I emailed a friend this week and got an immediate response that at first seemed like it was a typical “out-of-office” email, but it was even better. The email said, “I’ve stepped away from my electronic devices today and will respond to you in a day or so when I reconnect.”
What a healthy boundary to set for yourself! To simply put your devices aside (for a day, maybe a weekend) and allow yourself the calm and quiet of an uninterrupted period of time for anything you need, creativity, in-person connections, rest – the possibilities are endless!
I was so proud of my friend for taking this initiative for self-care! It reminded me that we’re often so reluctant to set boundaries even when they can be a very healthy defense against the modern onslaught of being constantly available to everyone!
Where could YOU use a healthy boundary? We all have opportunity to consider where a healthy boundary could serve us. Several opportunities come to mind (that I employ myself) beyond the device-disconnect strategy my friend used. They include:
- Simply not answering my phone if the call isn’t “urgent” and would interrupt my creative time.
- Using the “delete all” option when my personal email box fills up with advertisements & spam.
- Choosing not to answer the door when the doorbell rings during dinner time.
- Setting aside time for R & R like a yoga class, time for reading or listening to music.
- Deciding NOT to check my business email over the course of the weekend.
Your life may look nothing like mine, so I invite you to discover where YOU need healthy boundaries and where you’ve been neglecting the conversation with those who feel they deserve free access to your time and attention 24/7. This may be a tough conversation but, it will help those people appreciate your needs, your limits and your commitment to self-care.
Merriam Webster’s dictionary offers this brief definition of the word boundary: something that indicates or fixes a limit or extent. We’re often uncomfortable setting a boundary. Sometimes it is because we feel as if others will be offended or put-off if we claim some time or space for ourselves.
Honestly, I find that people are far less offended than they are surprised that we’ve placed any limitation on my availability (to them, or anyone else). It is uncommon in our society to set aside time for oneself (one’s family or a friend, exclusively), but that was not always the case.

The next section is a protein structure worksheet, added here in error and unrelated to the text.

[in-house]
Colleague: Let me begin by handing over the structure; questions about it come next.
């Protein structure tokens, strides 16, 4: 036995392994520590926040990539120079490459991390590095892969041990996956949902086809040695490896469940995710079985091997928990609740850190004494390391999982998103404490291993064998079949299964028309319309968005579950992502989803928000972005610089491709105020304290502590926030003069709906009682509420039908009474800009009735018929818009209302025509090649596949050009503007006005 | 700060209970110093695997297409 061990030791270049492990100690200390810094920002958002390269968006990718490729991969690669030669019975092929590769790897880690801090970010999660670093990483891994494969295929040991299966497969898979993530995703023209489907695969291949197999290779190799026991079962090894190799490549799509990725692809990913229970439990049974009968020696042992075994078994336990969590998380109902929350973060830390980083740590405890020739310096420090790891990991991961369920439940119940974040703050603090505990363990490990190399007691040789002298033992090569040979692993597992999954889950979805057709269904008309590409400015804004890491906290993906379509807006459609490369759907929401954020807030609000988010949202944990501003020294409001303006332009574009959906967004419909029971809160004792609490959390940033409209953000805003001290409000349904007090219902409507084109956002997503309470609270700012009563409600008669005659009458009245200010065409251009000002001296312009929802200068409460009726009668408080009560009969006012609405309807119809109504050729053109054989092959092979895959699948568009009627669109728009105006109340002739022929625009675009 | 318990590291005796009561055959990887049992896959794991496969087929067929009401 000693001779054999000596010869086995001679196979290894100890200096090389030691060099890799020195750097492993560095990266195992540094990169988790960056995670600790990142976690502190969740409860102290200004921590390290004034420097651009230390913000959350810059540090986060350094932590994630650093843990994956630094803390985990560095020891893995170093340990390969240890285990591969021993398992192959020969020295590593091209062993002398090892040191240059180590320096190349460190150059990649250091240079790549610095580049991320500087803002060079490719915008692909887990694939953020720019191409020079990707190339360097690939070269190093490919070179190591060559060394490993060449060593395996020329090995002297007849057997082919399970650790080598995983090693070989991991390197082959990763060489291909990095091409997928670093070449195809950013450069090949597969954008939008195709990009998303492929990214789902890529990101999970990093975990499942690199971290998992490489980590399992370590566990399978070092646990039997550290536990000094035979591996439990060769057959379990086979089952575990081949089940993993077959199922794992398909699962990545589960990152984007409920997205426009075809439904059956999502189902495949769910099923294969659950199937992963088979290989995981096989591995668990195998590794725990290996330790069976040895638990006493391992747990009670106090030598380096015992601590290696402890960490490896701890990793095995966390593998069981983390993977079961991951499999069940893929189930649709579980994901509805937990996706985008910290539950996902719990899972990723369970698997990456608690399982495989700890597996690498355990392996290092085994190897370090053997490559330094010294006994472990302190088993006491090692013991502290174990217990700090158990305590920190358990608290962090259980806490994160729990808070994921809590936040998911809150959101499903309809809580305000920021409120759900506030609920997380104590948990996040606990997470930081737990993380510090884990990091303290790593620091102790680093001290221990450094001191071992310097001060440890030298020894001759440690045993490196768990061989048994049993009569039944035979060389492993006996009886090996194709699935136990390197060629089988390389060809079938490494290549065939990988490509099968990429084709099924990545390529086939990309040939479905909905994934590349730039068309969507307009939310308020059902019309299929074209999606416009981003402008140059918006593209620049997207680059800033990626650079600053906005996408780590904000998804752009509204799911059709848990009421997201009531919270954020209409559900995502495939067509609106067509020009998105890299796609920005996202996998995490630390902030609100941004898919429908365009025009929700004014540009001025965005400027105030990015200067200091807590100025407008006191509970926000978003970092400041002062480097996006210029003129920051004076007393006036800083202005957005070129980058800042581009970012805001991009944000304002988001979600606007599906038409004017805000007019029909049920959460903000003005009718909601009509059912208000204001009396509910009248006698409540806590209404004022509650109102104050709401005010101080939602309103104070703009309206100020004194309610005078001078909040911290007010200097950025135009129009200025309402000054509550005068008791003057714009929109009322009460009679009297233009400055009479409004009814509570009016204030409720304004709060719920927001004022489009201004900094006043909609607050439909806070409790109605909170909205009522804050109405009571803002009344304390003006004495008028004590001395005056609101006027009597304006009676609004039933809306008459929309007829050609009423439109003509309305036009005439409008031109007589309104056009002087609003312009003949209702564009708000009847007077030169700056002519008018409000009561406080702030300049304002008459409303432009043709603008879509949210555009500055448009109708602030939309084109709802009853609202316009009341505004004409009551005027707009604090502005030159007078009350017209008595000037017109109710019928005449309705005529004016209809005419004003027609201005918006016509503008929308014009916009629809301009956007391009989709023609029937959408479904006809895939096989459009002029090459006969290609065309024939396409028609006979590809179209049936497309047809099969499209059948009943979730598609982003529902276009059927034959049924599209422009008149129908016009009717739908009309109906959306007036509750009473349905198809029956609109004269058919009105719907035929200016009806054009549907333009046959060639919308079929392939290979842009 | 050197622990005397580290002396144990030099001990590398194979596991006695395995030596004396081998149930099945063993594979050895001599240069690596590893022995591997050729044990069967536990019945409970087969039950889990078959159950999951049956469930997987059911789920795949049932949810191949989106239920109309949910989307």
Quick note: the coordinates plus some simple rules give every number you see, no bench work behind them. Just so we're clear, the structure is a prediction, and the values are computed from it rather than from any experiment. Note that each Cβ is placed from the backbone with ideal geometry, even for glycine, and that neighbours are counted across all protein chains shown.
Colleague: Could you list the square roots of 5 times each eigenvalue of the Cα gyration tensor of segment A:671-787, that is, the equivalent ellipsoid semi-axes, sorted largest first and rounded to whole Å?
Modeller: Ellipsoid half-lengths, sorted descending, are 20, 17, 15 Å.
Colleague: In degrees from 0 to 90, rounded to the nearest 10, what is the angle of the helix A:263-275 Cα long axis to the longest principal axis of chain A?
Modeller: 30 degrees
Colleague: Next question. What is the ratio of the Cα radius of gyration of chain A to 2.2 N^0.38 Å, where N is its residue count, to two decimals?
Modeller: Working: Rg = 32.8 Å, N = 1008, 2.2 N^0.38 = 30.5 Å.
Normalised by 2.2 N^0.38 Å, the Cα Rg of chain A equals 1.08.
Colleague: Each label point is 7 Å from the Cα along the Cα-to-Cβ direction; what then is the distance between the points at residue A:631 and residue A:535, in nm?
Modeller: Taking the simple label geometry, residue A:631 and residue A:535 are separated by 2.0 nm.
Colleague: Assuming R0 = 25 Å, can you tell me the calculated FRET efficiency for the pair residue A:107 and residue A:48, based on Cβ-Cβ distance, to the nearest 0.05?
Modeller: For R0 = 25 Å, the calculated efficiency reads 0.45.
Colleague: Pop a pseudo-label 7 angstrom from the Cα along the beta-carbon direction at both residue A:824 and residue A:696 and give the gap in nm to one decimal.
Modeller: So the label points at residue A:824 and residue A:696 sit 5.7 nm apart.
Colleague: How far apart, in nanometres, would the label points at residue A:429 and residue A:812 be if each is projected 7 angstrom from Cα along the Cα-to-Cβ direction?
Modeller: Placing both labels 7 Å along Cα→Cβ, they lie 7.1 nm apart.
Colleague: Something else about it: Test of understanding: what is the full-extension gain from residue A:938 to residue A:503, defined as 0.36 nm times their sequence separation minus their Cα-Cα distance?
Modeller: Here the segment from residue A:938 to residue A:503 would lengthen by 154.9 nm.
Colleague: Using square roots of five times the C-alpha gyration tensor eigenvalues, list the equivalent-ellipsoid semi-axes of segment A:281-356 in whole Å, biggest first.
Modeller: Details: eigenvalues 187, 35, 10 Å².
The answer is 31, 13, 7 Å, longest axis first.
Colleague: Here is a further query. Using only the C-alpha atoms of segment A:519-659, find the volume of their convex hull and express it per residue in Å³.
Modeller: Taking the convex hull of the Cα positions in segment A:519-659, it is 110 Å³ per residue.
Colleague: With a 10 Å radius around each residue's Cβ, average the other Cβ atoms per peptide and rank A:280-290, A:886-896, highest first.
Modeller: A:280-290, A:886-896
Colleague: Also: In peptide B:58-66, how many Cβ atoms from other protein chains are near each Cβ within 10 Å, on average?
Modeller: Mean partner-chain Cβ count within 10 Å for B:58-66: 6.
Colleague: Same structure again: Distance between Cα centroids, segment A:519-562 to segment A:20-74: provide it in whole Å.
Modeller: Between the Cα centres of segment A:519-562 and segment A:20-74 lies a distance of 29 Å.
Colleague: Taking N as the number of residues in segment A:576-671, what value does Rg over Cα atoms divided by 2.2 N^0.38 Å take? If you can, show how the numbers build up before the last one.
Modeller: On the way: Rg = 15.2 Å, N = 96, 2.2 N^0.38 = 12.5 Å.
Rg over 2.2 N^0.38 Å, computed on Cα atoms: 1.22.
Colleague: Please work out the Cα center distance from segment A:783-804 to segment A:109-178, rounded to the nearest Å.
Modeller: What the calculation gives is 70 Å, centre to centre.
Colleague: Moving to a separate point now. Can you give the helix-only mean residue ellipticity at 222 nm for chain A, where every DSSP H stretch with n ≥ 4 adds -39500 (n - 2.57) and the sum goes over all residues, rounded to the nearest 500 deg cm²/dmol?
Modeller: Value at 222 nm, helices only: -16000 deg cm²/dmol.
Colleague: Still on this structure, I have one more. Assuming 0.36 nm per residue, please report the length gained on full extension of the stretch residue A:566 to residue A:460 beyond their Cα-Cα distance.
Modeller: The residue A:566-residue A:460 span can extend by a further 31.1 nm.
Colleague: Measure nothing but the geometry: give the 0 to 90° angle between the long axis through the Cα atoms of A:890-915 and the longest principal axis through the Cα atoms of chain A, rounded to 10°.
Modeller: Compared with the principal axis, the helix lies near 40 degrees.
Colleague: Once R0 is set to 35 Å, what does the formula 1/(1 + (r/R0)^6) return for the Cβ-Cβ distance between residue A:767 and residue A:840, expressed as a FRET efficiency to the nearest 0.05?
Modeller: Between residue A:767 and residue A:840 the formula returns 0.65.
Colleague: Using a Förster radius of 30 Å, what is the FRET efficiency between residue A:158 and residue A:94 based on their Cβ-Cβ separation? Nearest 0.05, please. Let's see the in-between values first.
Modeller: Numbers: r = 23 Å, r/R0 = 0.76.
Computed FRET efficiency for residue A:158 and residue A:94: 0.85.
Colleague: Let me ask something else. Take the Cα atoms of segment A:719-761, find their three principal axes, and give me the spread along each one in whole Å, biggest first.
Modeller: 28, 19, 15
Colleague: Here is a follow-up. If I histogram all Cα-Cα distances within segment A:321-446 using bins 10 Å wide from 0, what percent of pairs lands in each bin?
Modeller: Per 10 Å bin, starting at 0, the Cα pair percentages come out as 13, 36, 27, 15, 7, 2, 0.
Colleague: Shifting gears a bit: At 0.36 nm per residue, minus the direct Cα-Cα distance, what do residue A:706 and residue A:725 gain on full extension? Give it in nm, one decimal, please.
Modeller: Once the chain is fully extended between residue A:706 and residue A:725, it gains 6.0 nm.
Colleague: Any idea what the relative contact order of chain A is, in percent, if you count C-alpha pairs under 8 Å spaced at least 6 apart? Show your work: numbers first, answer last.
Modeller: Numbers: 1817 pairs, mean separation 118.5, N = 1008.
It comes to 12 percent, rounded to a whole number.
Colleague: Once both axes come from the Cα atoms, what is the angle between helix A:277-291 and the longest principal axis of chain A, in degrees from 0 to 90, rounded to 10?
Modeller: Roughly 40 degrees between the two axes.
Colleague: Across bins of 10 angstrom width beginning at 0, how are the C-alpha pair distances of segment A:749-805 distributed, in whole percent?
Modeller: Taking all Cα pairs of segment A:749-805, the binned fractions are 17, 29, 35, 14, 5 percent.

There have been times and certainly segments of our community where time apart was or is considered sacred! Here are a few examples I grew up with:
- Time for family (for us it was Sunday dinner, a midday meal that lasted hours!)
- Time for worship (for us it was Sunday School, followed by a church service)
- Time for homework (no television until that was completely finished each evening!)
These were boundaries I learned to set as a child when the phone was attached to the wall, not in my pocket and the expectations were that setting aside certain times for healthy, replenishing activities both served us, and a served a greater good.
I do have friends who worry that setting healthy boundaries will cause them to miss something that might matter to them – Fear of Missing Out – yes, it’s a real thing. I would offer the reminder however that while one might miss out occasionally, the benefits of being planful with your time, consistent with your boundaries, and completely attentive & present with the activity or interpersonal connection you’ve devoted your time to, can be surprisingly rich.
Boundaries allow us to focus on what we believe to be important (consistent with our core values) and convey to anyone who shares such “sacred” time with us that they too, are important in our lives and priorities.
Where could you stand to build a healthy boundary? What is sufficiently “sacred” in your life that you’re willing to set aside time, space, attention and energy for it? Who deserves your undivided attention for a phone call, a visit or a meal together? What would enrich your life if you gave it an uninterrupted thirty minutes (or even an hour) of your time? What would genuinely serve you?
I invite you to build a boundary for yourself in the coming days – to find something worth honoring with the commitment of uninterrupted time. It may surprise you what unexpected gifts come from choosing to limit the amount of accessibility you offer to others as you choose self-care over self-sacrifice.